Latin America and the Caribbean is expected to grow again this year after suffering a significant GDP contraction of -1.3 percent in 2016. Still, with a global environment that remains rather neutral to growth in the region, policy makers will need to walk a fine line to increase growth while ensuring protection of the most vulnerable.
In its latest semiannual report, “Between a Rock and a Hard Place: The Monetary Policy Dilemma in Latin America and the Caribbean,” the World Bank’s Chief Economist Office for Latin America and the Caribbean explores the potential of monetary policy to support growth without risking hard-won gains in the battle against inflation.
For Latin America and the Caribbean, market analysts forecast GDP growth of 1.2 percent for 2017 and 2.3 percent for 2018. The recovery will be led by a rebound in Argentina and Brazil. Argentina is expected to grow by 2.8 percent in 2017 and 3.0 percent in 2018. Brazil is expected to grow 0.7 percent in 2017 and 2.3 in 2018, after contracting for two consecutive years. Mexico will likely continue to grow above 2 percent in 2017 and 2018. Growth in Central America and the Caribbean is expected to remain at just below 4 percent in both 2017 and 2018.
“External drivers of growth, such as high commodity prices, aren’t playing a major role and the region will need to rely on homegrown sources for growth,” said Carlos Vegh, World Bank Chief Economist for Latin America and the Caribbean. “Reforms in labor markets and education, higher infrastructure spending and addressing the fiscal situation are key.”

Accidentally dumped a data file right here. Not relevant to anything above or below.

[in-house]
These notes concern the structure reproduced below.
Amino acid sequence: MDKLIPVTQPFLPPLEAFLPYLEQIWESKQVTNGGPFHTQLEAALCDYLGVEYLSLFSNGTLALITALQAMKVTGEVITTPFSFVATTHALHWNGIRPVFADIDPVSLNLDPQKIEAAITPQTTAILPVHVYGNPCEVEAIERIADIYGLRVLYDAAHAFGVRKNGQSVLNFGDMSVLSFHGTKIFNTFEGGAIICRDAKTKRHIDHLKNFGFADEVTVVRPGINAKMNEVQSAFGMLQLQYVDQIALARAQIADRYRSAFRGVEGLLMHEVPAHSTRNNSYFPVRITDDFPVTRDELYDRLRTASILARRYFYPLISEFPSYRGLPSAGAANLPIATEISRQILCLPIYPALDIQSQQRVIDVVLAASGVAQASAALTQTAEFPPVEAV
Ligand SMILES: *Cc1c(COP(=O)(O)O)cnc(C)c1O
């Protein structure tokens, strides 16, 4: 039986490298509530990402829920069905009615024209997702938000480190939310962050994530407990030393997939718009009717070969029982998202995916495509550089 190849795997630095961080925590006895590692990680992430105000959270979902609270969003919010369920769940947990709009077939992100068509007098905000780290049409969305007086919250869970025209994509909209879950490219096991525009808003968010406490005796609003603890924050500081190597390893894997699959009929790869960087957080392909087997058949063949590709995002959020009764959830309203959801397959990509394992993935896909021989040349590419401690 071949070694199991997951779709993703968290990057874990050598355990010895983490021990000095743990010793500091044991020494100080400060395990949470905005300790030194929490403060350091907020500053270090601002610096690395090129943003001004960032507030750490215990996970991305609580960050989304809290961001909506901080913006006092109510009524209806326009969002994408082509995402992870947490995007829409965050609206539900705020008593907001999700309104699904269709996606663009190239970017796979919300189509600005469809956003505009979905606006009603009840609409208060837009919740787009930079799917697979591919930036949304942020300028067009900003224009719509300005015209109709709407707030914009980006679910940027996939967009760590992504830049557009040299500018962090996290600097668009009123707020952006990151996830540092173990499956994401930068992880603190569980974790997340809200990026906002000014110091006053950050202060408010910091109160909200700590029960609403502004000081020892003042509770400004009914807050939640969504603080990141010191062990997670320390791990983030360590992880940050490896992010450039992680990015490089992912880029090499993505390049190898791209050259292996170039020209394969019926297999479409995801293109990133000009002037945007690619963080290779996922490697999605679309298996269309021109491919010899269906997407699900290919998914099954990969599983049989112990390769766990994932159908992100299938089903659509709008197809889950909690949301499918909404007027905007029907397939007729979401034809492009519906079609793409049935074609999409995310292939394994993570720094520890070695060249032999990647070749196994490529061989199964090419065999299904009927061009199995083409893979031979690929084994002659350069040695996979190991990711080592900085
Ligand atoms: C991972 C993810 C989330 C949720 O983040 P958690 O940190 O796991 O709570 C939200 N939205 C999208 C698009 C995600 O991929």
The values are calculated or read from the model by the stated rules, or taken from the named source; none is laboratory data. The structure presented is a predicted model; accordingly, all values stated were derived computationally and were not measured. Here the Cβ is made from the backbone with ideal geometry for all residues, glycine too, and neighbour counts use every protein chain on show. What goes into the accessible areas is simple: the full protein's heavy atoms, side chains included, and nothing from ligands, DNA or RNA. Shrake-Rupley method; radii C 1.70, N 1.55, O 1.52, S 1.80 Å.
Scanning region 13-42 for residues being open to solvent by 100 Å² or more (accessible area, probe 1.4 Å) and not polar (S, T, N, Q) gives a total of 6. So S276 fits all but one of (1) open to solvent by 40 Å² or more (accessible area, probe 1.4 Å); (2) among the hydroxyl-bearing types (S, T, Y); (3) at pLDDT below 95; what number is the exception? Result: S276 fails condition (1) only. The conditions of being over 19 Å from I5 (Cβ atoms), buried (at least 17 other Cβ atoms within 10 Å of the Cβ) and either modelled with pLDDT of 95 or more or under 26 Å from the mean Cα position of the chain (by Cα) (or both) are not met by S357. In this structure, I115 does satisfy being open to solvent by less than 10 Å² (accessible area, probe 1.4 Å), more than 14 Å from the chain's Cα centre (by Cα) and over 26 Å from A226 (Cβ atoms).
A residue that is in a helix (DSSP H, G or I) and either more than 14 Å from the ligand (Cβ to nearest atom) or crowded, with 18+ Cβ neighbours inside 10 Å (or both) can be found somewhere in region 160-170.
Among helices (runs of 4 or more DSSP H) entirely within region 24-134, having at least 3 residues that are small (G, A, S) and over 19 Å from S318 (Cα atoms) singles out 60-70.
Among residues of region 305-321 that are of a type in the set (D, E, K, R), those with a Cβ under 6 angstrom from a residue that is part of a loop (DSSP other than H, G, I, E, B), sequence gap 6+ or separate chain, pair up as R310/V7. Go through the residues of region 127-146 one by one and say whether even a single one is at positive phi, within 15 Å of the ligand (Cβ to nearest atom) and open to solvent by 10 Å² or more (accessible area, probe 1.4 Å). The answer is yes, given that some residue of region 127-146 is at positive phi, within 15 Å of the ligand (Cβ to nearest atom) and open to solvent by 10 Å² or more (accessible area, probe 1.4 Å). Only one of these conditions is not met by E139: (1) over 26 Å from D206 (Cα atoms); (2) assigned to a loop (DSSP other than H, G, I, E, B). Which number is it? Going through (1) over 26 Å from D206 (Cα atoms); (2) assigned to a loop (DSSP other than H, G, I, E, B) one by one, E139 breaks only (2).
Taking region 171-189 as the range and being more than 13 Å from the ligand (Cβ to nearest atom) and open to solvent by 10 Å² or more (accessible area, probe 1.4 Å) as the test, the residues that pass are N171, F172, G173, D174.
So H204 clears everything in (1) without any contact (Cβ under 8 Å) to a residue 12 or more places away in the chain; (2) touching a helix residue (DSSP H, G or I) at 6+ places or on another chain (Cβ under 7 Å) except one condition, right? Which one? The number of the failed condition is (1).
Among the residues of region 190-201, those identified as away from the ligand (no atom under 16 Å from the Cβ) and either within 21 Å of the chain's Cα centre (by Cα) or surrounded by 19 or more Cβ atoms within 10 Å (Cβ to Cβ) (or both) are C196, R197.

The report finds that 28 out of 32 countries in the region will show a negative overall fiscal balance in 2017. Average debt ratios are expected to stand at 58.7 percent of GDP, with six countries having ratios above 80 percent. Finally, the recent string of natural disasters in the region will only add to existing fiscal pressures in light of the staggering losses.
“While countries in the region still need to make fiscal adjustments to adapt to the new post-commodity boom reality, many countries are right to do it gradually and thus avoid a new recession,” said Vegh. “This naturally tends to put more of the burden on monetary policy to help reactivate the economy.”
The report identifies a critical monetary policy dilemma faced by countries in Latin America and the Caribbean. Industrialized nations can reduce interest rates to stimulate the economy without worrying about currency depreciation, a rise in inflation or macroeconomic instability. But this countercyclical monetary policy is not as easy an option in the region – something reflected in the fact that several countries in South America are still procyclical. While raising interest rates in bad times helps prevent currency depreciation and keep inflation in check, it ultimately also weakens the economy.
How can emerging markets such as those in Latin America solve this fundamental monetary policy dilemma? The answer, according to the report, is central bank independence,
low levels of dollarization and credibility in the markets. This takes time, but countries such as Chile are already able to adopt countercyclical monetary policy during economic downturns without the fear of potentially making things worse for those most vulnerable.
The report also notes that other financial instruments, such as lowering legal reserve requirements to stimulate the economy in bad times, have proven helpful in countries that are still procyclical. These measures can help them respond countercyclically to a slowdown.